This is a simple way to create your own botanical prints with a contemporary twist. This weekend I picked up two very nice simple black chunky frames on offer for 2 for £10 at Homebase, with mounts inside already cut to fit A4 prints. I then made the prints myself at home, using downloaded botanical and paper images, normal photocopier paper and a printer. I have seen examples like this on sale for a lot of money in smart home decor shops, galleries and on Etsy, but you can make them yourself which is far more satisfying and far cheaper.
HOW TO MAKE THEM:
Start off by finding large sized botanical prints on-line. There are lots of places to find them for free: The Graphics Fairy and Botanicus are great paces to browse, especially the latter for thousands of botanical themes. Download the picture you want to use, in Botanicus it comes as a large pdf of a botanical collection of the book’s plates, whereas at The Graphics Fairy is it just one image as a pdf or jpeg. You do not need to print them out, but the below are examples of ones to look for, they need strong colours and lines to show up in the finished piece.
Enclosed here is a ready to print dictionary piece of paper, (but you could use old sheet music cut to A4 size, or other old text paper you may have available). Print this out in colour onto a piece of A4 paper, and make it fit the whole page as much as possible on your printer by using the ‘scale to fit’ option..
When it is dry, reload this printed paper into the printer, and then print out the botanical flower of your choice straight onto it. You may need 2-3 runs to get your grade right for your own tastes, (and not to do it upside down which I am guilty of a lot!). You can tweak your grade in your photo browser directly if it is a jpeg, or if it is a pdf you will need to convert it to a large sized jpeg first.
Then frame up your print, and hey presto… done in a jiffy….
Have a go, it is really not that hard to do and the possibilities are endless for printing images. Just make sure they are dense in colour and line. You can even do a 3rd print run with text on to personalise it for someone.
Over the past two weekends I have been teaching some classes for The Workshop Cabin in Bath in the wonders of plaster, (cue large amounts of hand cream as it is pretty brutal on the poor mitts). The Workshop Cabin put on really cool workshops, ranging from painting to photography to bookbinding and many more. Definitely check out their site for inspirational activities… I have my eye on the Pyrography workshop already.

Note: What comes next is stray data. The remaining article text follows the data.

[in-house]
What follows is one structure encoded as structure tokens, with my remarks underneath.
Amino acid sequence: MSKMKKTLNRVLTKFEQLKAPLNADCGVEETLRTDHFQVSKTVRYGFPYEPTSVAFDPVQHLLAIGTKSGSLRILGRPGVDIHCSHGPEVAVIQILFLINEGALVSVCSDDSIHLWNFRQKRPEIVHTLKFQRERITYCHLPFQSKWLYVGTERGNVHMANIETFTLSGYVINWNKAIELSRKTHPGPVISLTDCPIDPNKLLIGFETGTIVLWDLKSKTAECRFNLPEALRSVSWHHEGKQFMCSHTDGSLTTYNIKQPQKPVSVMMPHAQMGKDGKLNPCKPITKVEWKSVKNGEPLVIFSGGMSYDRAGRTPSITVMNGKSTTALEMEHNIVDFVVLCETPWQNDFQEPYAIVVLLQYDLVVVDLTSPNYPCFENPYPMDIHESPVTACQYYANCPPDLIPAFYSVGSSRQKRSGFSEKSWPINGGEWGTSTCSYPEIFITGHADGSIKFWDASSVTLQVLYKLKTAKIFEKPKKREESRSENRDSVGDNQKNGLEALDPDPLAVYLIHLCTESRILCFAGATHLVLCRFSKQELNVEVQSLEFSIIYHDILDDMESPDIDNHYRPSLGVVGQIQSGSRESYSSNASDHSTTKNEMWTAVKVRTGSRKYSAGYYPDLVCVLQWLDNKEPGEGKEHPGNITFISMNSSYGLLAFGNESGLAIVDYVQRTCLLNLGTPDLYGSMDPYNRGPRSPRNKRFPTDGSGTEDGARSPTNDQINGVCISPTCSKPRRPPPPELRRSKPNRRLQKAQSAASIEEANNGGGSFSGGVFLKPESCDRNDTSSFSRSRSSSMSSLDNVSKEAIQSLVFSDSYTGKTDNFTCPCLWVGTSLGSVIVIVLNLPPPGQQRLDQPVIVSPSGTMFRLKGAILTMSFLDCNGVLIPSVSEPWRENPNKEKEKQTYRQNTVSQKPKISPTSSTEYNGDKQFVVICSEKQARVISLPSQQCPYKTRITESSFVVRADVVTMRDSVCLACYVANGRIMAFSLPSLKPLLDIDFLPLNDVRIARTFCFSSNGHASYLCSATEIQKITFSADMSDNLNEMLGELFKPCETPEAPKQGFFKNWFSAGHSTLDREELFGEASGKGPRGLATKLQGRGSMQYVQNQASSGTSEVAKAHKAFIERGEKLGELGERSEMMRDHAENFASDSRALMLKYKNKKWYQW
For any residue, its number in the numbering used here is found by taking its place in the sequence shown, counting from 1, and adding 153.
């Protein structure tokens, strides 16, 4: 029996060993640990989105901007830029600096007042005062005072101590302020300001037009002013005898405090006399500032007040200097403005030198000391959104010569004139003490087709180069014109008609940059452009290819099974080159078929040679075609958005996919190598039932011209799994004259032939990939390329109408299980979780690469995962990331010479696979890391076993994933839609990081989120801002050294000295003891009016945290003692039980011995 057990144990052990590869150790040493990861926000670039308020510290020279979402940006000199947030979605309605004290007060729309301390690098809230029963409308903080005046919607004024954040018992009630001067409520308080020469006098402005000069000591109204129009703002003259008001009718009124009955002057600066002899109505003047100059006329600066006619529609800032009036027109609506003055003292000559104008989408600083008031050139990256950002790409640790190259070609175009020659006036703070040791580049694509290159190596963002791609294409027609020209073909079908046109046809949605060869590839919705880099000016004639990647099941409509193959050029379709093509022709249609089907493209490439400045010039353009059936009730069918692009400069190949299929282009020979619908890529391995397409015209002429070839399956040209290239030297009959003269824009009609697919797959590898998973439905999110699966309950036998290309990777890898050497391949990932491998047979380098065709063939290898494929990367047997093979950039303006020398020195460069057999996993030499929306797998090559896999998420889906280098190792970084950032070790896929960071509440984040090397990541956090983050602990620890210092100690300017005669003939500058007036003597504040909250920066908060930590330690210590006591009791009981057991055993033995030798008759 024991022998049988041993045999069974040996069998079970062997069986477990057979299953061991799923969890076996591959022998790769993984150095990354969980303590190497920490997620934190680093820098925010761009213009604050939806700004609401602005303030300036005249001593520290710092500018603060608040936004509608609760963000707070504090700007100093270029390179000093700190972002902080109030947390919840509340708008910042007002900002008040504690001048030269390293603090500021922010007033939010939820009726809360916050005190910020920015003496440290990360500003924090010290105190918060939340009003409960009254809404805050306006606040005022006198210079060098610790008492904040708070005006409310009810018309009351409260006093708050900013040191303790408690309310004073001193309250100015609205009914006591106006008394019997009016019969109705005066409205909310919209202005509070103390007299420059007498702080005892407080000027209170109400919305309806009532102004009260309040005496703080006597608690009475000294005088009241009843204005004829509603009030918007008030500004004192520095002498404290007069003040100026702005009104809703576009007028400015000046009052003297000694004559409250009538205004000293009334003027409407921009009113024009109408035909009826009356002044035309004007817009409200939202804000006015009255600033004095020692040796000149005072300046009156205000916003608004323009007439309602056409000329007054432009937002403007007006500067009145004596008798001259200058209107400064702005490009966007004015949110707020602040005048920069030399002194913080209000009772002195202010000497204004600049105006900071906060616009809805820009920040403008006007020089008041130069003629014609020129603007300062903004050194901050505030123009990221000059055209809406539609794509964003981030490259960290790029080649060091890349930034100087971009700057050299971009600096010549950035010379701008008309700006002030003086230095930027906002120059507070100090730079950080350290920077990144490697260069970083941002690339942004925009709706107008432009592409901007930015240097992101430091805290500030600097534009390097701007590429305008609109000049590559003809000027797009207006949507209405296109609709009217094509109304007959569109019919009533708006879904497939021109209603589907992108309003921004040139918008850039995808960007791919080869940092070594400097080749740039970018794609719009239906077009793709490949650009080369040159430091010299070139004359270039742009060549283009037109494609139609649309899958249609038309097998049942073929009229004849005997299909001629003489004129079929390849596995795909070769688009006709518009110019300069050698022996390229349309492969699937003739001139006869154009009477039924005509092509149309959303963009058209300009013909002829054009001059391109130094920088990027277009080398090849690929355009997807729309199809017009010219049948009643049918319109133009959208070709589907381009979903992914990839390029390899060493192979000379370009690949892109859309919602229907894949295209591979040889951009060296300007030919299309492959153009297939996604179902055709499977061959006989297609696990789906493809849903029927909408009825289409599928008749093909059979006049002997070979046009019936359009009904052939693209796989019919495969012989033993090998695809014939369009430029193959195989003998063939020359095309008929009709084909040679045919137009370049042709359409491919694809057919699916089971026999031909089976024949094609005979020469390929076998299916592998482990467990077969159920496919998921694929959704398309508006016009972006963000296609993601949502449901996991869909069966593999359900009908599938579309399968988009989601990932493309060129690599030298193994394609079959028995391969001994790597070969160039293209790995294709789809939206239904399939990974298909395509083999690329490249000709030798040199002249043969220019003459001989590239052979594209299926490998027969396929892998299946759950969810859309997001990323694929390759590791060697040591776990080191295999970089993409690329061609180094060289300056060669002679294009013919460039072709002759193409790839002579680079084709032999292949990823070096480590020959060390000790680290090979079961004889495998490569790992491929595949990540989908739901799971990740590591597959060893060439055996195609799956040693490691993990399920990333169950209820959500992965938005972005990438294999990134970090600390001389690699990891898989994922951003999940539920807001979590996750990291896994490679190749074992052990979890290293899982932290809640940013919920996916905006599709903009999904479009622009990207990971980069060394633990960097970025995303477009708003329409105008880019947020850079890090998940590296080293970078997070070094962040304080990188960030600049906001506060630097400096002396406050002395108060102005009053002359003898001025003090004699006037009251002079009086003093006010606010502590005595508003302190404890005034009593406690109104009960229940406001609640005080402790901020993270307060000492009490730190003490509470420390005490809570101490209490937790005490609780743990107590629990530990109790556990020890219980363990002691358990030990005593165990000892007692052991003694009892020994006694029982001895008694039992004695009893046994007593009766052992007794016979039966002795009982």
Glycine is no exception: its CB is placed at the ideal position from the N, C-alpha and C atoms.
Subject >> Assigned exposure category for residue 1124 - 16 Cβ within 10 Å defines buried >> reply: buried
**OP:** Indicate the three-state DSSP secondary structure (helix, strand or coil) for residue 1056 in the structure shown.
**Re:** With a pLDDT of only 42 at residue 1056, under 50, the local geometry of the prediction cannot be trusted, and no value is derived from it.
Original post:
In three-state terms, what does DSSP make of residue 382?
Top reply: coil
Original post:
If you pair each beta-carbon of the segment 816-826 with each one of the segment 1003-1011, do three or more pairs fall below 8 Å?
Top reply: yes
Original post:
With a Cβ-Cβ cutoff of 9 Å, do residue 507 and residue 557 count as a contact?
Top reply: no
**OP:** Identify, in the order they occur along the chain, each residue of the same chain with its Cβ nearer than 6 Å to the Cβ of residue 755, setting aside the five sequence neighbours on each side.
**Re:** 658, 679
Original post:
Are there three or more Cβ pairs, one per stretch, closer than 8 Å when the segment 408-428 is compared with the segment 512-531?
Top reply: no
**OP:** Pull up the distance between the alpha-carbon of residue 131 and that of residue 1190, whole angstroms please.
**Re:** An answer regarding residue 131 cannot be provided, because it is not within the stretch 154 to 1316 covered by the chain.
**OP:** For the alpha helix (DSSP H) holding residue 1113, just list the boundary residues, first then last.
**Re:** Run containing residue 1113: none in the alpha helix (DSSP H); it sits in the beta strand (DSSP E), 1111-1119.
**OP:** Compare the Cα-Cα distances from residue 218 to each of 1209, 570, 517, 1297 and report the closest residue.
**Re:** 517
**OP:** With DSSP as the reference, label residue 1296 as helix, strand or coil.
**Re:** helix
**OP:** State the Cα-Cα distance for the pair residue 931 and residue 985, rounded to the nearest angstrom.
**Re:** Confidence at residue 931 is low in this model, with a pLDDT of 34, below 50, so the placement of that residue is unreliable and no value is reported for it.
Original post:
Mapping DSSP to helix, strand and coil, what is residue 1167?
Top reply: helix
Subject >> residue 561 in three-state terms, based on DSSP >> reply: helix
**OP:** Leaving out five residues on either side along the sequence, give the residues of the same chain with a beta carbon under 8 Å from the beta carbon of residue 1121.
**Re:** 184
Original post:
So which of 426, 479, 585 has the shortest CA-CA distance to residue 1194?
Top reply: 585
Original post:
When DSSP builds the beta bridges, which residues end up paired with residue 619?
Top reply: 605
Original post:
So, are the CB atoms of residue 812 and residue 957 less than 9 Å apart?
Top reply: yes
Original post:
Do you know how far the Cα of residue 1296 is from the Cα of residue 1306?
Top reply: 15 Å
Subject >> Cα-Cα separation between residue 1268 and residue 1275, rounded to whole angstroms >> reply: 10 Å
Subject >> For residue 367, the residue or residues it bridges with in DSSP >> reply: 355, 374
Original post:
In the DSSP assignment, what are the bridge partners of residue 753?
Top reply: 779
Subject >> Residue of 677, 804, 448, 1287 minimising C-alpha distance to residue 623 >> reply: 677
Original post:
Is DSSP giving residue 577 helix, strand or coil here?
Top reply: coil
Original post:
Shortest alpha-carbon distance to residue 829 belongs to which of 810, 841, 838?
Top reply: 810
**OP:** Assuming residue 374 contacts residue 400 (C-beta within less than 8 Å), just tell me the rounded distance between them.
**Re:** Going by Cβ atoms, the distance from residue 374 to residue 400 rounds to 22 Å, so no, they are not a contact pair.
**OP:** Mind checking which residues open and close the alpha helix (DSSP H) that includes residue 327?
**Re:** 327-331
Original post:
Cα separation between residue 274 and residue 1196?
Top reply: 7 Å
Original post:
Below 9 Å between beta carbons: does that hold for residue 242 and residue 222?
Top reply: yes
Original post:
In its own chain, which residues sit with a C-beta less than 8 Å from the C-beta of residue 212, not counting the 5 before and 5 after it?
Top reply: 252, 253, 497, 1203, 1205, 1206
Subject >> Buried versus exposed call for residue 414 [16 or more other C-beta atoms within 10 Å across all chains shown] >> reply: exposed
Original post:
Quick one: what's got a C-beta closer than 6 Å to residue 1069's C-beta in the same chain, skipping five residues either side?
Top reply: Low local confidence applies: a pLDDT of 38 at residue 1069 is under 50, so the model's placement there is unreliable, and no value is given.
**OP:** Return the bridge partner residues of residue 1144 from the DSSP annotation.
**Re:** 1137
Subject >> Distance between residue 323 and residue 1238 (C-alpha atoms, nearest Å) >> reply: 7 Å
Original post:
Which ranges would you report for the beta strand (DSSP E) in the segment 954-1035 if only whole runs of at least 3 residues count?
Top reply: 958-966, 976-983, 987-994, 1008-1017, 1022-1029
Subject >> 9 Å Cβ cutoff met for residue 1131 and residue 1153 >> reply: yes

Anyhow, over two Saturdays we built, planned, mixed, dipped, wrapped, made a mess, painted and mounted various works. The results are pretty great and I think that the participants were pleased with their results – the sculptures were especially amazing. An added bonus was that it was just before Valentine’s day, so the plaster flowers were put to good use as gifts for some lucky recipients.
All Photos courtesy of Heidi @ The Workshop Cabin
Everyone beavering away with their plaster
Plaster flowers drying
Happy Valentine pressies
Sculptures in progress
The final sculptures…
Final sculptures with bronze paint effects, and some very happy punters…eat your heart out Alberto Giacometti….!
Today I had to get some wreaths made up that had been ordered as gifts. One with blue central pieces and one natural. Since I had all the kit out, I tried to make a new version out of something other than old book pages that I usually use. I wanted a fun and bright version with lots of bright colours.
The wreaths I make are usually very fragile and cannot go outside unless in a protected porch, so I made one out of something far more weatherproof, very thin neoprene foam. It is a bit trickier to roll and staple, but I did get there. Plus a hot glue gun works well on it and does not melt the neoprene, but my hands are really burnt after three wreaths in a go, those glue guns can be murder!